Unless the victim was also arrested. You can’t make this shit up. And if it were April 1st today, I might laugh it off as a clever joke. But it’s not and apparently neither is this.
Here’s the lowdown, from the two meager paywall inhibited articles that I could find. State Trooper from Salisbury, CT (where watching paint dry is exciting) Mark Lauretano apparently submitted an arrest warrant for a man who got into a bar fight with someone else. The “victim” of the fight (meaning the guy who got beaten up worse), was obviously not arrested, as these things go. Judge Klatt, upon reviewing the information in the warrant declined to sign it, apparently until the “victim” was also arrested.
Judge Klatt, a former prosecutor from
Death Valley Waterbury, CT, should have known better. You simply do not refuse the State Police what they want. So instead of, I don’t know, reviewing the information again to see if maybe the Judge had a point, Lauretano does the logical thing and is now seeking an arrest warrant for the Judge herself*.
Because, you know – no, actually I don’t know. He claims that:
The fact that Judge Klatt is currently holding onto a valid arrest warrant for the accused and refusing to sign it until and unless she receives an arrest warrant for the victim is coercion and a violation of criminal law.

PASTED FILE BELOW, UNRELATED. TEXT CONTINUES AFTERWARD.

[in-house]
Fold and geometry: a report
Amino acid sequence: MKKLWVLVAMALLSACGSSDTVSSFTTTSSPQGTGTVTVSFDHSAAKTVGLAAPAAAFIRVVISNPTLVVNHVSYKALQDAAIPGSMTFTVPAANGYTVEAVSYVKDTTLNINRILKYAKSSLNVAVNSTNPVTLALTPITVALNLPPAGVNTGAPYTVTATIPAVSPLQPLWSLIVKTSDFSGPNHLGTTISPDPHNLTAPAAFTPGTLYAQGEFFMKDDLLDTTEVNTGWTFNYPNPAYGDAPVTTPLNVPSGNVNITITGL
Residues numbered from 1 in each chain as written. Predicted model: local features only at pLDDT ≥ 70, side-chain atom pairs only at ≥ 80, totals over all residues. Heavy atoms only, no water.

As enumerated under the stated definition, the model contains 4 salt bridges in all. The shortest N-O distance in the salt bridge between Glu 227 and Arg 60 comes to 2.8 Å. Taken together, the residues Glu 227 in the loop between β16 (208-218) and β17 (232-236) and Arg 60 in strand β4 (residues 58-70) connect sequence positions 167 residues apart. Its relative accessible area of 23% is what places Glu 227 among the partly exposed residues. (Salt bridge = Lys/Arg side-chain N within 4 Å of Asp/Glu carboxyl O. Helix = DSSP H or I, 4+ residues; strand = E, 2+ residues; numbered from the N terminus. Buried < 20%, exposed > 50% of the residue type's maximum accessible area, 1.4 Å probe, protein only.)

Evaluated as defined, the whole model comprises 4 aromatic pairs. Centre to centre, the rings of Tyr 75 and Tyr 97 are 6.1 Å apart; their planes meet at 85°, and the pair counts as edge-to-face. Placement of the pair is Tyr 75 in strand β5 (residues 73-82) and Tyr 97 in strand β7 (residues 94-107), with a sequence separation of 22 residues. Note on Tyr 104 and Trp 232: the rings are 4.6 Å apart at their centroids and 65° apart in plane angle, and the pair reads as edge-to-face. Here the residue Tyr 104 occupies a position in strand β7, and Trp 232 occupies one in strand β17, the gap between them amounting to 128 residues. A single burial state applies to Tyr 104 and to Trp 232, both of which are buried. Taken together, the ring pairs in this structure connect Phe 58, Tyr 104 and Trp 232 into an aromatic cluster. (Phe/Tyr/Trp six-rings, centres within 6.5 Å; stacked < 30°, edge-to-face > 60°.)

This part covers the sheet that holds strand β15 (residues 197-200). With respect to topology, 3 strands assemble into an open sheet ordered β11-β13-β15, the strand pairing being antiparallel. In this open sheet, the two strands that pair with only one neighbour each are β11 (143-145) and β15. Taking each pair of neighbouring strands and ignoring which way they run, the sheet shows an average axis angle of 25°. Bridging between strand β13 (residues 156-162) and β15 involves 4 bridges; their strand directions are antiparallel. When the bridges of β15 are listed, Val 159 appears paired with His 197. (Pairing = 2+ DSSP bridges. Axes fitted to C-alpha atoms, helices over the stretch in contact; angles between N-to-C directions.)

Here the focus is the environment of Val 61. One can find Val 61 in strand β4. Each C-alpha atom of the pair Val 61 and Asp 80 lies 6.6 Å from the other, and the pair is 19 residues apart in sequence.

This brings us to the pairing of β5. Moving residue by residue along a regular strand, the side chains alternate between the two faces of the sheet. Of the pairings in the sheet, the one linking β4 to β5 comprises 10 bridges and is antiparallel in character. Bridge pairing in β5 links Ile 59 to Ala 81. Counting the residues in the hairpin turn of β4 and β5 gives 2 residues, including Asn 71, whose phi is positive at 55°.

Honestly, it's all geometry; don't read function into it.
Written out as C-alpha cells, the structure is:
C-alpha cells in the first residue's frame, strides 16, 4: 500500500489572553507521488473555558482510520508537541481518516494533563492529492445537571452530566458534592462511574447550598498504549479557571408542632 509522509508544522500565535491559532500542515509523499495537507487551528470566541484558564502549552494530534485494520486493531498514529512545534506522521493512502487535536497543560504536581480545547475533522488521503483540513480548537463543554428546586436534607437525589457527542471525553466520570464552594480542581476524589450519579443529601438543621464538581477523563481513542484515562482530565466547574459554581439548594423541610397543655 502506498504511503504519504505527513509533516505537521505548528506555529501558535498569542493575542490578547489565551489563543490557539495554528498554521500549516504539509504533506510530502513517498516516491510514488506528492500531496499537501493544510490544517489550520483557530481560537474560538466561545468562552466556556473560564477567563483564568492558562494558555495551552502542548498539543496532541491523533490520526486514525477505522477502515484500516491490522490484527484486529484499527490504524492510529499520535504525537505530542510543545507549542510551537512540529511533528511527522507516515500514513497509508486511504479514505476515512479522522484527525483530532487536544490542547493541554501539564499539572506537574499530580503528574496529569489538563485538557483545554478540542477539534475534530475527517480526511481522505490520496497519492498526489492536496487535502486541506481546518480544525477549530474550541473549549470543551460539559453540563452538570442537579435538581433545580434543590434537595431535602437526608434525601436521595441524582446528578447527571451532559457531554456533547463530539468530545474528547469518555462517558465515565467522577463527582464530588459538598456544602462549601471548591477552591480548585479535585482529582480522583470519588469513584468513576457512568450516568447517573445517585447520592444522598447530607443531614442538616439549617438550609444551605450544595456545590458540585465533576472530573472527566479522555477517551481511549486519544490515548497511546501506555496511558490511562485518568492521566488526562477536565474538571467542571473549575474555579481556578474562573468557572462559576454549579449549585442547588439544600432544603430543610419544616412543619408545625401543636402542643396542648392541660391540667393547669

Actually, I prefer to call it “not engaging in selective prosecution”.
Assuming, of course, that the reason the judge didn’t sign the arrest warrant was because she personally knows the defendant-elect, this highlights a problem that we in the defense field have long observed: that arrests in these and domestic violence and violation of protective order cases are always one-sided. Man and girlfriend get into fight and it’s always only the man who’s arrested. There’s a running joke that the way to “win” a fight is to get injured just slightly more than the other guy. They’ll never arrest you if you come out looking like the worse of the two. You see it in self-defense cases, too.
But that’s neither hither nor thither. Let’s take a look at what the good Trooper accuses the judge of doing: coercion and “hindering a police investigation”.
Coercion, CGS 53a-192, states:
(a) A person is guilty of coercion when he compels or induces another person to engage in conduct which such other person has a legal right to abstain from engaging in, or to abstain from engaging in conduct in which such other person has a legal right to engage, by means of instilling in such other person a fear that, if the demand is not complied with, the actor or another will: (1) Commit any criminal offense; or (2) accuse any person of a criminal offense; or (3) expose any secret tending to subject any person to hatred, contempt or ridicule, or to impair any person’s credit or business repute; or (4) take or withhold action as an official, or cause an official to take or withhold action.